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Cantor ternary function - Encyclopedia of Mathematics

# Cantor ternary function

2010 Mathematics Subject Classification: Primary: 26A45 Secondary: 28A15 [MSN][ZBL]

The Cantor ternary function (also called Devil's staircase and, rarely, Lebesgue's singular function) is a continuous monotone function $f$ mapping the interval $[0,1]$ onto itself, with the remarkable property that its derivative vanishes almost everywhere (recall that any monotone function is differentiable almost everywhere, see for instance Function of bounded variation). The function can be defined in the following way (see, for example, Exercise 46 in Chapter 2 of [Ro]). Given $x\in [0,1]$ consider its ternary expansion $\{a_i\}$, i.e. a choice of coefficients $a_i\in \{0,1,2\}$ such that $x = \sum_{i=1}^\infty \frac{a_i}{3^i}\, .$ Define $n(x)$ to be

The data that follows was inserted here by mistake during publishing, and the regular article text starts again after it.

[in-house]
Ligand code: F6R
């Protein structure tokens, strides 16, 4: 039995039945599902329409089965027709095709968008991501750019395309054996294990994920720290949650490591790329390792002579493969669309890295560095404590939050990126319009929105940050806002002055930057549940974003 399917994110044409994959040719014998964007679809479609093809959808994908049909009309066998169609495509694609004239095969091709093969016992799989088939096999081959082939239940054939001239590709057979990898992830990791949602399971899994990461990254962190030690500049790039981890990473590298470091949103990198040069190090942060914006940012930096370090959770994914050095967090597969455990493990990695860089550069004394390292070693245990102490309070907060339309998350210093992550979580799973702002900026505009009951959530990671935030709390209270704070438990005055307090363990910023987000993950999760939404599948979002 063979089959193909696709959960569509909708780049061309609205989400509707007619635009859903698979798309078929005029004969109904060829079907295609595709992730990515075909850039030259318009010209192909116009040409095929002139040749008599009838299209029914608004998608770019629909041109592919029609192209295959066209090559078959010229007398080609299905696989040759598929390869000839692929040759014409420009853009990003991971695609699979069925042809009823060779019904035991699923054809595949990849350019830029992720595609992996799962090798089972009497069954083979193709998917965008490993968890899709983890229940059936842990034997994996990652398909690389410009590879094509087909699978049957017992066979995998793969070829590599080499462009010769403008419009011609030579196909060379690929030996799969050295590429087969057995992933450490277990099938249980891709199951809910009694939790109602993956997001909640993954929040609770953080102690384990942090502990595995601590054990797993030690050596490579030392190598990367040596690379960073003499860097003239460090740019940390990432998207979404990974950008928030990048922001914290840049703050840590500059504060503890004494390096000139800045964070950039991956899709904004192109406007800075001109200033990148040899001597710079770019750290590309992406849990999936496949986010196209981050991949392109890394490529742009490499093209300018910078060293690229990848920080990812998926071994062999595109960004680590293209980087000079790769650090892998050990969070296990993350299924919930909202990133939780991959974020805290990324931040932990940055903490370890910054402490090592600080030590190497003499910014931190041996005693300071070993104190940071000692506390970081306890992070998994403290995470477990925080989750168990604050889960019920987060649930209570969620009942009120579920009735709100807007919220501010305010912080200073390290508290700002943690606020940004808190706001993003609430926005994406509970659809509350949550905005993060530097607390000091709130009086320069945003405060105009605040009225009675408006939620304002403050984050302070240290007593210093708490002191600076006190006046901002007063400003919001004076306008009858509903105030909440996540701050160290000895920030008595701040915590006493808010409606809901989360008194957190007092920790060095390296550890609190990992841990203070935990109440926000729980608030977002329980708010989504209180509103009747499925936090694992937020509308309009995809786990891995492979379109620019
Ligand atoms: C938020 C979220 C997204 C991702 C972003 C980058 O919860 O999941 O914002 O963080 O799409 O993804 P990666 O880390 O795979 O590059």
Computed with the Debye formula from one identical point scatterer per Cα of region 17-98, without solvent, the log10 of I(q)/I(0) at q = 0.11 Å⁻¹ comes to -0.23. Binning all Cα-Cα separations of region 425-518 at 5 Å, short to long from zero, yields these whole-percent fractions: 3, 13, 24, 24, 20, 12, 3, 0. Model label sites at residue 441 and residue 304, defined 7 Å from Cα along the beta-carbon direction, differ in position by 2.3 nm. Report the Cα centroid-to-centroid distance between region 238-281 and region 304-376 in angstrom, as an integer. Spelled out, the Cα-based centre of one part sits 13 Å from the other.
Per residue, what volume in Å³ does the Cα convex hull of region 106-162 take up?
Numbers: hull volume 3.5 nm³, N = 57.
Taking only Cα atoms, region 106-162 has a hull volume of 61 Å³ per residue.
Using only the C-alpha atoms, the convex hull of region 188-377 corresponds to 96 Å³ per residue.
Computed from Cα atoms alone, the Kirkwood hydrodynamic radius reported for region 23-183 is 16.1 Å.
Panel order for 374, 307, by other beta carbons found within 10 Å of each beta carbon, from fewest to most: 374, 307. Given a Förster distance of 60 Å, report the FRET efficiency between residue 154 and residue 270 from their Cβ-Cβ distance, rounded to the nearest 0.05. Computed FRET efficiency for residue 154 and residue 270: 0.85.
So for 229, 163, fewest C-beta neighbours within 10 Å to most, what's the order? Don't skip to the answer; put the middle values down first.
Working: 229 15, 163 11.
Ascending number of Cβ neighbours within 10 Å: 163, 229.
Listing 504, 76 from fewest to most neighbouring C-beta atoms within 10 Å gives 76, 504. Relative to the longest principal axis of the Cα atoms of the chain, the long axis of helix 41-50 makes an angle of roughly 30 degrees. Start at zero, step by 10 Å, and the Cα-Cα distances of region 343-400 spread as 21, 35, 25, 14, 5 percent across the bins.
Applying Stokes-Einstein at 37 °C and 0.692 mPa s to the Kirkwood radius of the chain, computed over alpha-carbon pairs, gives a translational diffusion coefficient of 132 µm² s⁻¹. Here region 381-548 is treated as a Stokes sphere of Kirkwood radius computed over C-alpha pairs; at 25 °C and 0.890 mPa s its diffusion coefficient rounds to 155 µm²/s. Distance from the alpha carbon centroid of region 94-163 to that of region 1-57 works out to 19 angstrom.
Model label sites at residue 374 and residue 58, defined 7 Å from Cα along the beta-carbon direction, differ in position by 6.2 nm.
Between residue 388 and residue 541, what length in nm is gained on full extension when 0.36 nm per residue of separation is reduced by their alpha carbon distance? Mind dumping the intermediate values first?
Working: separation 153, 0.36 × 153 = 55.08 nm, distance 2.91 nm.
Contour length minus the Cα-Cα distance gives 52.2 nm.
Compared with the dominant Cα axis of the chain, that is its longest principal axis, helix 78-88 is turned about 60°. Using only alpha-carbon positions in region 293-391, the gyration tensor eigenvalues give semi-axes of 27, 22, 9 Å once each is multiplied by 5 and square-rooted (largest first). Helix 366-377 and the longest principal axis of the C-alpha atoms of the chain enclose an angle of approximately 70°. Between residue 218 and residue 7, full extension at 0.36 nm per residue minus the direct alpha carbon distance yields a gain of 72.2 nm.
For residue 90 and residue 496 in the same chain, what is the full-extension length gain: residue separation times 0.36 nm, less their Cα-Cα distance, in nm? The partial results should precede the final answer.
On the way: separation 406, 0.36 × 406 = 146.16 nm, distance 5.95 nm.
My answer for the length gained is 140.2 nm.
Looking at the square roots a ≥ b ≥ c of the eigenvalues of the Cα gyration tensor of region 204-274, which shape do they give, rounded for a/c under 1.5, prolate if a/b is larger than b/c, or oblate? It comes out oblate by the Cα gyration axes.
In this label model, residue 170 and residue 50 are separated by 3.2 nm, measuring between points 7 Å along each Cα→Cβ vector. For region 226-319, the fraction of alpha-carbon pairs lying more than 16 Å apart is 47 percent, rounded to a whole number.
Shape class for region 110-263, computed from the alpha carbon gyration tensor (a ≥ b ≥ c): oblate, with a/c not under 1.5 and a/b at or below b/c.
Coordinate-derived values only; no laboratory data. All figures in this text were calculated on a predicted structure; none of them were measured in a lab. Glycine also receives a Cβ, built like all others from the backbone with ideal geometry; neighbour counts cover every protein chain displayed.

• $\infty$ if none of the coefficients $a_i$ takes the value $1$
• the smallest integer $n$ such that $a_n=1$ otherwise.

Then $f(x) = \sum_{i=1}^{n(x)-1} \frac{a_i}{2^{i+1}} + \frac{1}{2^{n(x)}}.$ For alternative definitions see Example 1.67 of [AFP] and page 55 of [Co].

It follows trivially from the definition that $f$ is locally constant on the complement of the Cantor set $C$: since the Cantor set is a set of Lebesgue measure zero, the derivative of $f$ vanishes almost everywhere. For the same reason, the distributional derivative of $f$ is a singular measure $\mu$ supported on $C$.

The Cantor function is a prototype of a singular function in the sense of Lebesgue, cf. Lebesgue decomposition. The observation that $f$ is a function of bounded variation for which $f (1)-f(0) \neq \int_0^a f'(t)\, dt$ (where $f'$ denotes the classical pointwise derivative) was first made by Vitali in [Vi]. For this reason some authors use the terminology Cantor-Vitali function (see [AFP]).

How to Cite This Entry:
Cantor ternary function. Encyclopedia of Mathematics. URL: http://encyclopediaofmath.org/index.php?title=Cantor_ternary_function&oldid=35600